The Alliance of Channel Women Shift, Disrupt and ImpactThe Alliance of Channel Women Shift, Disrupt and Impact
ACW's Advocacy Initiative was also reinvigorated at the event.
April 10, 2019
(Pictured above, left to right: Ingram Micro’s Holly Hartman Niedzielski, CenturyLink’s Lisa Miller and JS Group’s Janet Schijns participate in a panel discussion moderated by Channel Partners’ Maggie Miller.)
CHANNEL PARTNERS CONFERENCE & EXPO — There was plenty of vibrant discussion about how to shift your thinking, disrupt your routine and impact your life, the lives of others and your career at this year’s Alliance of Channel Women (ACW) ConnectLive! at the Channel Partners Conference & Expo, which kicked off on Tuesday.
About 200 attendees heard more than half-dozen leading channel professionals talk about shifting your thinking about what’s possible for your life and career and identifying what keeps you from moving forward.
Maggie Miller, content marketing director for Channel Partners, moderated an interactive panel that included Holly Hartman Niedzielski, director, event marketing and partner communities with Ingram Micro; Lisa Miller, president, wholesale, indirect and alliances at CenturyLink; and, Janet Schijns, CEO of JS Group. This power panel shared personal and professional experiences that shaped their learning experiences and helped empower them on their path to success.
For Hartman, one defining moment in her career that shaped her professionally came as the result of a promotion. “I would go to meetings with my peers who had a lot of experience in their roles and I saw myself as the junior senator — not because they made me feel that way, but because in my mind I was that way,” she said. It took a while, but Hartman soon realized. “I deserved that seat at the table and it changed my thinking in how I presented myself.”
CenturyLink’s Miller responded to a question about a time in her career when she experienced fear and how she overcame it. Miller first dispelled the myth that people in leadership positions have their acts together. “Fear is natural; it’s what you do with fear that matters,” she said. Not one to pass up significant job promotions that made her scared and uncomfortable, Miller embraced the fear. “It makes me sharper, it makes me better, it makes me hypersensitive and hyperaware of what’s going on with the job and what’s going on in the industry.” Her recommendation: Embrace fear, it will make you better. “Fear is your friend,” said Miller.
Schijns dove headfirst into the question of how to know when it’s time to make a job change.
“For me it started with the numbers. I decided I want to make a lot of money. I don’t know why women won’t talk about money,” she said. Men talk about money and it was a conversation she was able to have with her very supportive Dutch husband, who comes from a country where there’s a requirement that 50 percent of a company’s board must be women. “He also challenges me,” she said, relating a conversation where he matter-of-factly told her that he was surprised she wasn’t…
…doing better than she had done.
“He went through all of the reasons why I should get to the next level, and he was right,” Schijns said. “So, I went in [to work] and told them that if I didn’t get to the next level, I wasn’t staying. I got to the next level.”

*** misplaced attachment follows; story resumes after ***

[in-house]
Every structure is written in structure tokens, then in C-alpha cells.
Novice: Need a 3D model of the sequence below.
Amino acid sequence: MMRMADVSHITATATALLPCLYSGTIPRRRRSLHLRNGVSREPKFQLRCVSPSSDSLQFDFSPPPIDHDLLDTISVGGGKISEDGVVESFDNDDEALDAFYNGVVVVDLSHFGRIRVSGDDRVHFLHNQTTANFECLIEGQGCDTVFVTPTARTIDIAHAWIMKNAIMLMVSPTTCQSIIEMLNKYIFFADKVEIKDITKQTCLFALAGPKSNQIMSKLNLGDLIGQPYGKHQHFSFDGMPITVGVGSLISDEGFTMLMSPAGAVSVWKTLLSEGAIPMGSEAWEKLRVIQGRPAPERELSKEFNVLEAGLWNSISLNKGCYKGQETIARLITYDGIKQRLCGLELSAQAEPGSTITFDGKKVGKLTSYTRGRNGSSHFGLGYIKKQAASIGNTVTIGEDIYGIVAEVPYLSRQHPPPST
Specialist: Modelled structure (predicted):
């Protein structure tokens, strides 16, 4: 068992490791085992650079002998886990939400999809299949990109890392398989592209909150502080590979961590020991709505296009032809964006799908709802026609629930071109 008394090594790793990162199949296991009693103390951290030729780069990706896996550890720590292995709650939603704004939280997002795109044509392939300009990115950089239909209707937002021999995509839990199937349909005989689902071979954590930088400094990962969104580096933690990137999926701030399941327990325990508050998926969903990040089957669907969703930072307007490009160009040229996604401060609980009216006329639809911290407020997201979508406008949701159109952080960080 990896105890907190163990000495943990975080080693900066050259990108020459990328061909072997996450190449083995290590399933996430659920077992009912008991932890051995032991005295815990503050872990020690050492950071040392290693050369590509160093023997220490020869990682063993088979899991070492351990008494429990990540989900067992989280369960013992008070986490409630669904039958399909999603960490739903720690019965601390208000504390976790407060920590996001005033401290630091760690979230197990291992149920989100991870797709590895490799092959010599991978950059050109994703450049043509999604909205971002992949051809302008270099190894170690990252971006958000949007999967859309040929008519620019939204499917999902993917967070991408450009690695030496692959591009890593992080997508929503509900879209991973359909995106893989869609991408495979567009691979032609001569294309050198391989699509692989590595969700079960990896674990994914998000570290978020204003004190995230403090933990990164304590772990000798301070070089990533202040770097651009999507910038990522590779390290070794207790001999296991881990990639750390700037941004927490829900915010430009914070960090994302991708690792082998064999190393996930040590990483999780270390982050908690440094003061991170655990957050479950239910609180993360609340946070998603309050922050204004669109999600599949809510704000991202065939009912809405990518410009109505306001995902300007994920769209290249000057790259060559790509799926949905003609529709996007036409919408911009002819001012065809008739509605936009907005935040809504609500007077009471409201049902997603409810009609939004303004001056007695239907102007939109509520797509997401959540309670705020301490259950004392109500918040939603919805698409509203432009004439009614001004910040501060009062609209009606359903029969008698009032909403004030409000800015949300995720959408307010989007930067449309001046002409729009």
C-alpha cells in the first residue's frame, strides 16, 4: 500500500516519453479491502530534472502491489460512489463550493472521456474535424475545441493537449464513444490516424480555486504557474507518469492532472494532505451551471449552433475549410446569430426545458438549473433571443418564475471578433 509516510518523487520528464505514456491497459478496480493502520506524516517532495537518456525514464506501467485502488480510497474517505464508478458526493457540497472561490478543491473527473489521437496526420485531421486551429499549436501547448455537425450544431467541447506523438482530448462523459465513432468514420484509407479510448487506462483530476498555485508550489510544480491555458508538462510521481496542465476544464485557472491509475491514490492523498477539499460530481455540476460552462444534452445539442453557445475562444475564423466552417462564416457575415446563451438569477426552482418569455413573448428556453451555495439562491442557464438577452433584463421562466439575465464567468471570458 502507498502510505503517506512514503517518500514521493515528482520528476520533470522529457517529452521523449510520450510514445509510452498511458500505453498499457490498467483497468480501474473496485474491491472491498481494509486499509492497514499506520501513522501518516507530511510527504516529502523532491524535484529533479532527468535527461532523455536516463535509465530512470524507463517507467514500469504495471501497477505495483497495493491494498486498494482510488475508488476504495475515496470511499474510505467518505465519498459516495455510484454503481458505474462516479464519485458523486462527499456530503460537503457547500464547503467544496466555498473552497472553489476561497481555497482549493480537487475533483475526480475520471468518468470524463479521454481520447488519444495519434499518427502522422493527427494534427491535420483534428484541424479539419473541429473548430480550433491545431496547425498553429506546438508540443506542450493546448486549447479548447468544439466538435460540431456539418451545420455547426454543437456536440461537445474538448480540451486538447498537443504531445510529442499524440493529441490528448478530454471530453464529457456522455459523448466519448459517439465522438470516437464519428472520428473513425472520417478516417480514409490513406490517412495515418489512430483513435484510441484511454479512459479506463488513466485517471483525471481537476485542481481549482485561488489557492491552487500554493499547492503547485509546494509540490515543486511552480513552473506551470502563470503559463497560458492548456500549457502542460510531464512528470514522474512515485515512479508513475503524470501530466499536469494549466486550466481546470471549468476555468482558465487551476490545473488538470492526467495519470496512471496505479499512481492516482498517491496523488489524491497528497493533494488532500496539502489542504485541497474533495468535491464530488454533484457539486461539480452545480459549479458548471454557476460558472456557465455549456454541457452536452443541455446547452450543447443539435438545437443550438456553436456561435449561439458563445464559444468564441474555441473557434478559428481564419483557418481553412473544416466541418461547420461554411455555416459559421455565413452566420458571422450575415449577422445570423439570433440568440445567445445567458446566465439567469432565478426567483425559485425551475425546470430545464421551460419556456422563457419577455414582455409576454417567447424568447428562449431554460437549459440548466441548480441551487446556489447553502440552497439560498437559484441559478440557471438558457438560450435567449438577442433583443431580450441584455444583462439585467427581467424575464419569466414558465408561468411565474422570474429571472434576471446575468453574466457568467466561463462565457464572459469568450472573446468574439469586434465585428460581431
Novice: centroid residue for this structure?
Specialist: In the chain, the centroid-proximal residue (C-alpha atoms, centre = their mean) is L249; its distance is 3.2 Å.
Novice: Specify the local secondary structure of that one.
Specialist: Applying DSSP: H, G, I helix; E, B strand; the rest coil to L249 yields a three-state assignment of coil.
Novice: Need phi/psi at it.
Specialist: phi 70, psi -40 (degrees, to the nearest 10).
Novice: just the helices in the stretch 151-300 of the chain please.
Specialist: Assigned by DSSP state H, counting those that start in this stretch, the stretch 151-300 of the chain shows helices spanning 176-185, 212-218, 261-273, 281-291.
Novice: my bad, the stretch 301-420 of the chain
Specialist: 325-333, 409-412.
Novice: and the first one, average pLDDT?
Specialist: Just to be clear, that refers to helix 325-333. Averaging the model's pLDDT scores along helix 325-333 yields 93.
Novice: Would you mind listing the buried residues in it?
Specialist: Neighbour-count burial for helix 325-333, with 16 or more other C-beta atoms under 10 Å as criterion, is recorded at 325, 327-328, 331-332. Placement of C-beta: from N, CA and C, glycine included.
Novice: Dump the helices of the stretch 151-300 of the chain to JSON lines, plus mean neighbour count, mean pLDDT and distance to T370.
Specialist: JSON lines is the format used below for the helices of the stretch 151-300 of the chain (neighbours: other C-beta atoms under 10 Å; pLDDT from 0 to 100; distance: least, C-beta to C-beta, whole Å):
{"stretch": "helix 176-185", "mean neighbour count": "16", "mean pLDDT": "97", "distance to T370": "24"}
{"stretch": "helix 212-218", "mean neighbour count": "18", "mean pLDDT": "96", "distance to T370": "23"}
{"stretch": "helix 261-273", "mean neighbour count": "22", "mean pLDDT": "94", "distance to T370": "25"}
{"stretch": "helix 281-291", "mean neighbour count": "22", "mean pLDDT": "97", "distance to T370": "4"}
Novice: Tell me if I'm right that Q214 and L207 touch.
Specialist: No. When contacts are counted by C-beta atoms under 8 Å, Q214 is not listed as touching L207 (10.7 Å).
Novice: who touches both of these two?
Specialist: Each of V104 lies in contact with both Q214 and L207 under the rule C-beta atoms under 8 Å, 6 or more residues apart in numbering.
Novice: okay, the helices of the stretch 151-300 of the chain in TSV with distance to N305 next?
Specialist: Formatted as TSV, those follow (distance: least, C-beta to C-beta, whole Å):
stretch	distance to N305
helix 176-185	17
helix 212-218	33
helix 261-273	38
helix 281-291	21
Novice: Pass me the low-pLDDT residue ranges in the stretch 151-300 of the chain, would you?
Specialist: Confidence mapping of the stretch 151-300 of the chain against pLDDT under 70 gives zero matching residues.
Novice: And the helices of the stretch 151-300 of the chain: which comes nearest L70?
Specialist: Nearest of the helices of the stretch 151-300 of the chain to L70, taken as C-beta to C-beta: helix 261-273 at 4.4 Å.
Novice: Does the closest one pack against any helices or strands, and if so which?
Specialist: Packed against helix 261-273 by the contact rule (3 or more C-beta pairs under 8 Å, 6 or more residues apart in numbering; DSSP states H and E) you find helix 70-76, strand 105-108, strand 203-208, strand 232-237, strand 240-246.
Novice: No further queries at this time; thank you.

Broadvoice’s Rebecca Rosen
Rebecca Rosen, vice president of marketing at Broadvoice gave a powerful keynote about being that person who acts to make change to leave the next generation an environment better than that of previous generations.
“I stand before you and I want to create an environment where there is equality. I stand before you as a person who hopes for equality. Yet, I know that hoping doesn’t change anything,” she said. “I can’t wait for other people to take action because I hope that things will get better. I stand before you as somebody who is choosing to help create change.”
Rosen talked about the landscape for women in the workplace, where women represent only 22 percent of leadership, where one-third of women say they’ve been sexually harassed at some point in their career and where women, on average, make 78 cents on the dollar compared to what a man earns. Within those issues are other issues, such as gender bias –— think about being told to smile more, to take notes because you’re the only woman in the room or to be more approachable.
“While these issues, while seemingly and intentionally independent, are complex and intertwined,” said Rosen.
Her presentation focused on three complex challenges: gender disparity, sexual harassment and equal pay.
Rosen, an ACW board member revisited the organization’s 2018 rebranded mission for advocacy and announced that a recent survey of members voted for the priorities it would like to focus on. The top two are equal pay and access to opportunities. And, she announced that for the first time in ACW’s history, it is asking men to join the organization in its advocacy initiatives.
“Let’s face it. These aren’t women’s issues, these are family issues. These are not just women’s rights but human rights,” she said. Rosen also stressed that it’s not okay to normalize bias. “When you learn that most people are biased, it doesn’t feel like bias is prejudice, it just feels normal,” she said. This is unacceptable, it is not okay to normalize bias.
Read more about:Agents
About the Author(s)
You May Also Like